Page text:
Climate change is fueling extremism, raising tempers along with temperatures, but there are steps people can take to reduce their impact on the planet.
By David Roberts
“I will not be forced to use a gas mask,” the American activist who made headlines on the Internet in 2009 for refusing to wear a gas mask in the face of the H1N1 flu pandemic said in a column I published on Monday.
We’ve had some strong moments, like when a British rock band announced that they wouldn’t appear on The X Factor if they couldn’t play a song with the line “Fuck the Pope.”
And of course, we have the recent moment in which a U.S. military officer used the “N-word” about the President of the United States in a television interview.
But I still have a problem. We’ve been having some strong moments, like when we elected a Pope. We had a Nobel Prize winner who was the second Muslim ever to win one. And we had a politician who was the first sitting member of the U.S. Congress to be endorsed by the LGBT community.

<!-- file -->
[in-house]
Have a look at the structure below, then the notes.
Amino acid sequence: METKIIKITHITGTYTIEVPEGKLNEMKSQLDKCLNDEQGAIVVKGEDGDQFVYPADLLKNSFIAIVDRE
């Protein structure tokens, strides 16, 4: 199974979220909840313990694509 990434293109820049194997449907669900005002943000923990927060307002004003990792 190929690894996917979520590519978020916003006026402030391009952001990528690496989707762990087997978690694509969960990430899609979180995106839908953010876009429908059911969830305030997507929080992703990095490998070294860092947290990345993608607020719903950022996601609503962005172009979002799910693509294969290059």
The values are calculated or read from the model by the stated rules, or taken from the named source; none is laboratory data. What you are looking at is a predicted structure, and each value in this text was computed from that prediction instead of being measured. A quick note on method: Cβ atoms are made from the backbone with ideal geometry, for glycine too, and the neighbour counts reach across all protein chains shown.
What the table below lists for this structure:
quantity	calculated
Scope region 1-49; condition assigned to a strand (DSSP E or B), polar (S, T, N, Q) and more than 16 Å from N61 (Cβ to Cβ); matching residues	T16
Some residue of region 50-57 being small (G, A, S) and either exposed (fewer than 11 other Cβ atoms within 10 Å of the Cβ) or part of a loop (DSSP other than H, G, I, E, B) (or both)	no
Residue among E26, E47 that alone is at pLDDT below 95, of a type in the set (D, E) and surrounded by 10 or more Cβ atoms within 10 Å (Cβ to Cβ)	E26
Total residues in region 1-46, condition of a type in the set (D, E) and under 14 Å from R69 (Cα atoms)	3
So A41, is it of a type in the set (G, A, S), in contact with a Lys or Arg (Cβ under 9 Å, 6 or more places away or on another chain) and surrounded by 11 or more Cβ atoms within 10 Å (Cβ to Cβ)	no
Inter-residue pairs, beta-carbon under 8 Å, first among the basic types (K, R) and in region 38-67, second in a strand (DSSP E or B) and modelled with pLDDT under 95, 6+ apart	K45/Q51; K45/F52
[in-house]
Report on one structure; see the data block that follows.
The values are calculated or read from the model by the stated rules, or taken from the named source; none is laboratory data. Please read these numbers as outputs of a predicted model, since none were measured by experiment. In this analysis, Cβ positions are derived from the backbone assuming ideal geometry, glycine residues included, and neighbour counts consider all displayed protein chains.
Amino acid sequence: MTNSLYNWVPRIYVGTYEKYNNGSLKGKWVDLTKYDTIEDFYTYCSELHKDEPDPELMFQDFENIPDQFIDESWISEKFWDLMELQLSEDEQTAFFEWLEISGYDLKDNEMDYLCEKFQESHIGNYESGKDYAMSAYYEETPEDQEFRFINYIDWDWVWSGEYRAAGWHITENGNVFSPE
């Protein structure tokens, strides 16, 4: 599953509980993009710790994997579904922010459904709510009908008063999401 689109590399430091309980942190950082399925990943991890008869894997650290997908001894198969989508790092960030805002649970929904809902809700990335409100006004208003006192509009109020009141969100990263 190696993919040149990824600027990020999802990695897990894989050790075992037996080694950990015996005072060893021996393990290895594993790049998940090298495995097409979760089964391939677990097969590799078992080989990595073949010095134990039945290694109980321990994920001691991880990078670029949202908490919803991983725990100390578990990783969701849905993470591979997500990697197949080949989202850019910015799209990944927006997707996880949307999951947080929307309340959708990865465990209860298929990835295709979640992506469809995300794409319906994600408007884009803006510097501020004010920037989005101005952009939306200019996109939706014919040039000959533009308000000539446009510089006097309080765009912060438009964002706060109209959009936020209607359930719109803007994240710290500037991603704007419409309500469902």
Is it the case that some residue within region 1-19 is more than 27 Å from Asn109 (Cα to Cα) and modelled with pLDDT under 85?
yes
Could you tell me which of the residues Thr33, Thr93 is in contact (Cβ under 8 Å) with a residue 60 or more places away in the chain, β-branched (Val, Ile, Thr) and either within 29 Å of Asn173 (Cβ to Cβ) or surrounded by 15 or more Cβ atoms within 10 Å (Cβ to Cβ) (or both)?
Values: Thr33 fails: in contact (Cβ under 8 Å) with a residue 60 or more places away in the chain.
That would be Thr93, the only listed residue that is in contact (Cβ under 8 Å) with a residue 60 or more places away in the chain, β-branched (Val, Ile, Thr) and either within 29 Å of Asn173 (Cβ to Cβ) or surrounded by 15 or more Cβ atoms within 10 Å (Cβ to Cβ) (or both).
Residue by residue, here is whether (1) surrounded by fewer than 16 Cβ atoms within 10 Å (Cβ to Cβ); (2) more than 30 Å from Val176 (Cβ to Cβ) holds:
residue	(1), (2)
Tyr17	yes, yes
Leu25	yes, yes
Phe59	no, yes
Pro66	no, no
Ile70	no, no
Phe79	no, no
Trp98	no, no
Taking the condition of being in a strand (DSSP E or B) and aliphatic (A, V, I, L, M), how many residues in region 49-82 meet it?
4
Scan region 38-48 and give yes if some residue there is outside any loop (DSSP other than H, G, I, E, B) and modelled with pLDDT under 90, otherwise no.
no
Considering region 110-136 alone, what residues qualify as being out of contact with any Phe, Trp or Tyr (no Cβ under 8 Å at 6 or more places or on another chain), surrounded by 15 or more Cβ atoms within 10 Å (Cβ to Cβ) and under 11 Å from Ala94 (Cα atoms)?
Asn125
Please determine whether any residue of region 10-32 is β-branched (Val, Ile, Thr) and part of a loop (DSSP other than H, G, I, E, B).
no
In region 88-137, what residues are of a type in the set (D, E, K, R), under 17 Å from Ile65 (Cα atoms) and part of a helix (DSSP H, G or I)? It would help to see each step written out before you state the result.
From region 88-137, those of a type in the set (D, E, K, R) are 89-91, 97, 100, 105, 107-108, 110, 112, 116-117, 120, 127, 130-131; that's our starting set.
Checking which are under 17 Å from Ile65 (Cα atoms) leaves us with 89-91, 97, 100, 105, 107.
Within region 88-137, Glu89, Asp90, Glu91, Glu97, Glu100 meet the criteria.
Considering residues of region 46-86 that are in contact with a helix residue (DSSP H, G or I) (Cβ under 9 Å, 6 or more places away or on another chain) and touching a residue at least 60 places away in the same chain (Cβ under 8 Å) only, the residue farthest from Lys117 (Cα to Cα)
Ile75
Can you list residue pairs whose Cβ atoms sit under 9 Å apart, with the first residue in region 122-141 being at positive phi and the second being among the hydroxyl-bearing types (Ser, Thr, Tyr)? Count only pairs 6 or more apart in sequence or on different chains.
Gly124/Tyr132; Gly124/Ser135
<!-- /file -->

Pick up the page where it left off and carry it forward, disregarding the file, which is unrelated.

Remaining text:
But that didn’t make a dent.
It is the nature of most human beings to feel some kind of duty to do whatever they can to further their agenda. There is a feeling that it’s their job, and it becomes a way of life.
The American culture is full of people who, year after year, try and be the person they think the world wants. Most of the time, they do not get it, so they become more and more extreme.
In the 20th century, fascism and communism were the most extreme forms of the totalitarian ideology in human history, and we now know it can be contagious even in the most democratic nations.
The rise of the Nazis and the Soviet Union has been an excellent example of why a few politicians from that time actually did more than any other to cause a major conflict.